District council writes off £1.35m of uncollectable debt

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council's issue with uncollectable debt

A small district council in Lincolnshire has written off £1.35m deemed as ‘uncollectable’ by officials.

South Holland District Council (SHDC) took the steps after debt collection efforts failed results in debts not being paid.

The uncollectable debt relates to a number of different financial matters – including council tax, business rates, sundry debts and overpayment of housing benefit. These events are spread out over a 15-year period.

As the authority collects debt on behalf of a number of different services, SHDC’s personal loss totals £578,000.

Uncollectable debt ‘reasons’

While writing off some debts is inevitable due to matters such as insolvency and deaths, almost £1.2 million (87%) of this total equates to one unnamed large business rate payer that went into administration.

It is understood this business became subject to formal insolvency action during the 2020/21 financial year, with the resulting bad debt relating to the 2019/20 and 2020/21 financial years.

Debt relating to business rates relates as far back as 2014/15 while the earliest financial year contained within the report dates back as far as 2007/8, and relates to personal debt collection for council tax owed by an individual who has died.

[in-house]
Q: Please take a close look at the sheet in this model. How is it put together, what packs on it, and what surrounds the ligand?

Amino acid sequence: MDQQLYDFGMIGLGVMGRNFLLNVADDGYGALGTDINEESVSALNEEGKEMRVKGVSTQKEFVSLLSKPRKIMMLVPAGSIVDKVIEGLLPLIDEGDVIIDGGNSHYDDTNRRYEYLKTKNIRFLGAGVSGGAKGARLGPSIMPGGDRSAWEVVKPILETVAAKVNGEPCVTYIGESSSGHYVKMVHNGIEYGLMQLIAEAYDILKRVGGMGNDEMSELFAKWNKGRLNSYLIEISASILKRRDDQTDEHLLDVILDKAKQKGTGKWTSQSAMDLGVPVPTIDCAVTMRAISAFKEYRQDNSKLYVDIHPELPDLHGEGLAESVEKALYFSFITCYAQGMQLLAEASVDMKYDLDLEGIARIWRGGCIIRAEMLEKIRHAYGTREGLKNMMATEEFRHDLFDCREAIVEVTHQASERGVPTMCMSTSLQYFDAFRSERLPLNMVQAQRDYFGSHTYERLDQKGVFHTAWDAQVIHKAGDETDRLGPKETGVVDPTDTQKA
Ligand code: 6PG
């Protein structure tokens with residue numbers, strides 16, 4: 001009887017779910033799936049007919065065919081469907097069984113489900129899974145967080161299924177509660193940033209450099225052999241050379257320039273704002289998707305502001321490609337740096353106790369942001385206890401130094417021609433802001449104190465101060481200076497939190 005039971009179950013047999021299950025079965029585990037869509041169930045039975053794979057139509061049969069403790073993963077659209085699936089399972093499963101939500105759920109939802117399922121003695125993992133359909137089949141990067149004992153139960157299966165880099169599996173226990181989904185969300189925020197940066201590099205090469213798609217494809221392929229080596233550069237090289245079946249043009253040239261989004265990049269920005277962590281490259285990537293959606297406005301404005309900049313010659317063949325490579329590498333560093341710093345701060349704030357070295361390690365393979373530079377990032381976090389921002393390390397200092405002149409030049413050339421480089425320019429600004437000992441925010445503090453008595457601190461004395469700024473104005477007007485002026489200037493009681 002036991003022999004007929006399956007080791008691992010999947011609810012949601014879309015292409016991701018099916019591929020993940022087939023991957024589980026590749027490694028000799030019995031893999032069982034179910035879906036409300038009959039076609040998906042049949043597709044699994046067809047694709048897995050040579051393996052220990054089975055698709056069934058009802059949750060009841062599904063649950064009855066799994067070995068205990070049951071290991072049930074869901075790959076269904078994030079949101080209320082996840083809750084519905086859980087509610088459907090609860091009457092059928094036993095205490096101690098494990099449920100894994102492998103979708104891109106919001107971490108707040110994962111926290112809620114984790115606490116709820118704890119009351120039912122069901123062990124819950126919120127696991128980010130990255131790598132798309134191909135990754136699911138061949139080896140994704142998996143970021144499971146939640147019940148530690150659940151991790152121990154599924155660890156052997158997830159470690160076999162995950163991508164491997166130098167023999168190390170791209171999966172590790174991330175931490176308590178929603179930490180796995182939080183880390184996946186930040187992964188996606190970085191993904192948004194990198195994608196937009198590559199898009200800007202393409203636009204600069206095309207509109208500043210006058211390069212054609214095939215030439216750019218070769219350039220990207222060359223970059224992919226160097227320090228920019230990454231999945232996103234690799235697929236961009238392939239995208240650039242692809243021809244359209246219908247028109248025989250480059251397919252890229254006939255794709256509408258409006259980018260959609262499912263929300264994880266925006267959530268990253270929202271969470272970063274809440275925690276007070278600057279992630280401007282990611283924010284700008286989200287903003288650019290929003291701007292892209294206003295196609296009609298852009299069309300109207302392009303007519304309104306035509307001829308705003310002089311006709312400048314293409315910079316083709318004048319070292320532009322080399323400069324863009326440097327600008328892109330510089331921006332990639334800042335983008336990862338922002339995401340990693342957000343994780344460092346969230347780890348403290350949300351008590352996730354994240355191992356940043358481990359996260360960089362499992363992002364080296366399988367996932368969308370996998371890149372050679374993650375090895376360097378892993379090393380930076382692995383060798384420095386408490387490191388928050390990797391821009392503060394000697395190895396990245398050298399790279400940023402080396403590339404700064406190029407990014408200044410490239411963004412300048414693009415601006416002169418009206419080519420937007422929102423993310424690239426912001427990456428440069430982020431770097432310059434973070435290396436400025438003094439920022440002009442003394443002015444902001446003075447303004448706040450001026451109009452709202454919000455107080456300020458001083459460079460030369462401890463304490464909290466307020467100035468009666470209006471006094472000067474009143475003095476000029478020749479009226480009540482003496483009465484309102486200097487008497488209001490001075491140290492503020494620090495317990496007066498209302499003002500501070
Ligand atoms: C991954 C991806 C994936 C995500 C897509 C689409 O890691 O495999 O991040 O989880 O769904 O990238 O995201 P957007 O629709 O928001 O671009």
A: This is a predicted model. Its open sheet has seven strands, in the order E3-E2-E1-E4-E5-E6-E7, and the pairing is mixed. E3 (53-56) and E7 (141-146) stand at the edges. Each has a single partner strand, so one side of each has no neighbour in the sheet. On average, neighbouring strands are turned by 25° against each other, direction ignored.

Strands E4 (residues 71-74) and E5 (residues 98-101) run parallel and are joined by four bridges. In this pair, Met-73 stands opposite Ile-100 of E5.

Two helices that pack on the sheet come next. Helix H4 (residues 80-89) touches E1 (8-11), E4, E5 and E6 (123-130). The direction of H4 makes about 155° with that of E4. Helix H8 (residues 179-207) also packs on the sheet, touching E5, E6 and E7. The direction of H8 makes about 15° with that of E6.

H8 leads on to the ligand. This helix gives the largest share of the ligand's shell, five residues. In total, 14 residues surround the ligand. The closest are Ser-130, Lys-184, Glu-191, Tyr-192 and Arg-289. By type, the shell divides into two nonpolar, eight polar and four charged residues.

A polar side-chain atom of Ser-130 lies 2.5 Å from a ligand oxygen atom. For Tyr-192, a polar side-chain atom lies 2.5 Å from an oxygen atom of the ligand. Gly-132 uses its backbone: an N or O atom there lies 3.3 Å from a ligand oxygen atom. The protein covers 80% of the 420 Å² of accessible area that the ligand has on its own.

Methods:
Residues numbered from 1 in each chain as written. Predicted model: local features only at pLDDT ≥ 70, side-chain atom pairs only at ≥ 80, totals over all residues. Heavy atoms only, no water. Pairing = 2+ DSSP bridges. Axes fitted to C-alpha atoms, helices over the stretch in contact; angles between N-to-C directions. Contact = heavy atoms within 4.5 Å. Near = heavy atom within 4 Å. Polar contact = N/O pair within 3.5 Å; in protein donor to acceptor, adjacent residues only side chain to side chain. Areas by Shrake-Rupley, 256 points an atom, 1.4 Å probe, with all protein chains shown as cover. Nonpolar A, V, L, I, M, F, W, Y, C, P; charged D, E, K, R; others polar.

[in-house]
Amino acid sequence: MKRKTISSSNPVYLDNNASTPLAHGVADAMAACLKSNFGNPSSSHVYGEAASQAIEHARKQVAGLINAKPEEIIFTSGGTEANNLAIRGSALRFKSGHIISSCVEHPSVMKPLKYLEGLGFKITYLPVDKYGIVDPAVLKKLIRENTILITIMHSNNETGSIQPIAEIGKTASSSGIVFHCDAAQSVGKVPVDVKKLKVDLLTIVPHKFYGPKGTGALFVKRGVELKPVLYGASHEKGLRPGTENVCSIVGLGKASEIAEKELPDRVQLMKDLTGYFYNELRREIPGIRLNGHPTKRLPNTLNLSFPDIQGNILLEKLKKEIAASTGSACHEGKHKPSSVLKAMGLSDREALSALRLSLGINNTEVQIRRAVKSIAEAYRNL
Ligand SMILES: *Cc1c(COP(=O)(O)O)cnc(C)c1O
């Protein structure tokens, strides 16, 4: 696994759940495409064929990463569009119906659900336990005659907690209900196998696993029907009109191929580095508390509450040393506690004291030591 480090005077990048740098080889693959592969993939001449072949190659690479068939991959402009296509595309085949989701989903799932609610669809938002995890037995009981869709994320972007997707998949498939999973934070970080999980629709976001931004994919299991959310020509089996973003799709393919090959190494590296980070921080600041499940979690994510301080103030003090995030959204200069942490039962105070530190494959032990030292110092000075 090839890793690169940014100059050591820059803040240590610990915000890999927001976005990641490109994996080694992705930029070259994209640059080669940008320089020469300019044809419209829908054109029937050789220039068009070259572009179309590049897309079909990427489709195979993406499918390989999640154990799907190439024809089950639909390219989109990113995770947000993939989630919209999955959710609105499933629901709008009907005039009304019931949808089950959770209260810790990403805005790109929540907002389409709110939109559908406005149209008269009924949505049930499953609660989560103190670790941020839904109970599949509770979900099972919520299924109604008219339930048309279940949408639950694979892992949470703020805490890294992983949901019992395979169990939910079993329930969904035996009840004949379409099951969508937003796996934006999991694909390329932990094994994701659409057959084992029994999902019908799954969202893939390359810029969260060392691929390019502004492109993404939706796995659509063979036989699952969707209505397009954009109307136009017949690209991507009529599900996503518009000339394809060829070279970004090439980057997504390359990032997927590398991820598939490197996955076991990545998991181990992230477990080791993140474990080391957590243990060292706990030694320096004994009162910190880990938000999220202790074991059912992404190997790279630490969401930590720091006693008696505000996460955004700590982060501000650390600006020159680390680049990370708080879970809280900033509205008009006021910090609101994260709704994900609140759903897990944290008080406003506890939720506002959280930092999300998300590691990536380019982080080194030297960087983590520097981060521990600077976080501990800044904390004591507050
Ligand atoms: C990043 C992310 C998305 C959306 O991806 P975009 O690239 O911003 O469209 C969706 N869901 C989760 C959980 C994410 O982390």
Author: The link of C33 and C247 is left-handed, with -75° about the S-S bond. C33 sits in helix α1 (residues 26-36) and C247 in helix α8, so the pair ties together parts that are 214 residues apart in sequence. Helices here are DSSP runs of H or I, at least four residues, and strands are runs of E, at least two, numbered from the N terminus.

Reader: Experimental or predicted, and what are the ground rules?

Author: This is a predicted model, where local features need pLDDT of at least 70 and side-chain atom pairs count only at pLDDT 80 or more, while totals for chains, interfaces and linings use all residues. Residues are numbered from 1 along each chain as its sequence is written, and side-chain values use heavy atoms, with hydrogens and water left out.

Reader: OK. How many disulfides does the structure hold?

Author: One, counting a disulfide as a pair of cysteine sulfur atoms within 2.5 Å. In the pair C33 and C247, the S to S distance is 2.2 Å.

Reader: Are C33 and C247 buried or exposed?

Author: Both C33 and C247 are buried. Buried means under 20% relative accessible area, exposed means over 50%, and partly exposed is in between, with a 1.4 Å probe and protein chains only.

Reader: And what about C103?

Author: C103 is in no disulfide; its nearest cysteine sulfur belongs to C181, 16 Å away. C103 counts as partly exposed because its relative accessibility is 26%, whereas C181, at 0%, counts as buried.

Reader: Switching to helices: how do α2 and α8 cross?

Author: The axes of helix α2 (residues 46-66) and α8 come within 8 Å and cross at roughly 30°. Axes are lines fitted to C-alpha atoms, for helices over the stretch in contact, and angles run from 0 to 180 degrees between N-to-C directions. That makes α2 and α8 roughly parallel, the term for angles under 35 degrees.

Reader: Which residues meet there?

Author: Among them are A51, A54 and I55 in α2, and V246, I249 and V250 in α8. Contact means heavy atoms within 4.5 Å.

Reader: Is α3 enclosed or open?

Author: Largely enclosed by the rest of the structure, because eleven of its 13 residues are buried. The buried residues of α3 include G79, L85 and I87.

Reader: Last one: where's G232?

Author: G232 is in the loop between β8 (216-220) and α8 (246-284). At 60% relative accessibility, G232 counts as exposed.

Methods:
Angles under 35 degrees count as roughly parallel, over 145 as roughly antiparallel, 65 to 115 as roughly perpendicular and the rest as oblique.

Impressive collection rates

While Councillor Paul Redgate, portfolio holder for Finance, Commercialisation, UKSPF and Levelling Up, described the financial hit from uncollectable debt as ‘frustrating and disappointing’, the authority can still boast an impressive collection rate.

The collectable debt over the 2022-23 financial year equated to £87 million and, in comparison, the amount written off was 0.67% of this figure, leaving SHDC with a collection rate of more than 99%.

“It’s frustrating and disappointing but we can’t control how businesses operate,” Coun Redgate said.

“What we need to do is set out good practice and collect monies as we can do and also ensure that, if there are any problems, businesses get in contact as early as possible.

“We’ve got to make sure we’re prudent financially.

“At a time where money is tight, we are all getting tighter budgets, but we also need to make sure we position ourselves in the right way and address challenges.”

It is understood SHDC’s collection rate is consistent with national picture although there are fears that, in the current economic climate, insolvency may increase.

A report on the uncollectable debt write off will be discussed by councillors at cabinet on September 12.

They are not the first local authority to hit the news with debt recently.

Birmingham City Council bankrupt

Birmingham City Council has effectively declared bankruptcy after being hit with a £760m bill to settle equal pay claims.

The Labour run council said it had issued a section 114 notice, confirming that all new spending, with the exception of protecting vulnerable people and statutory services, must stop immediately.

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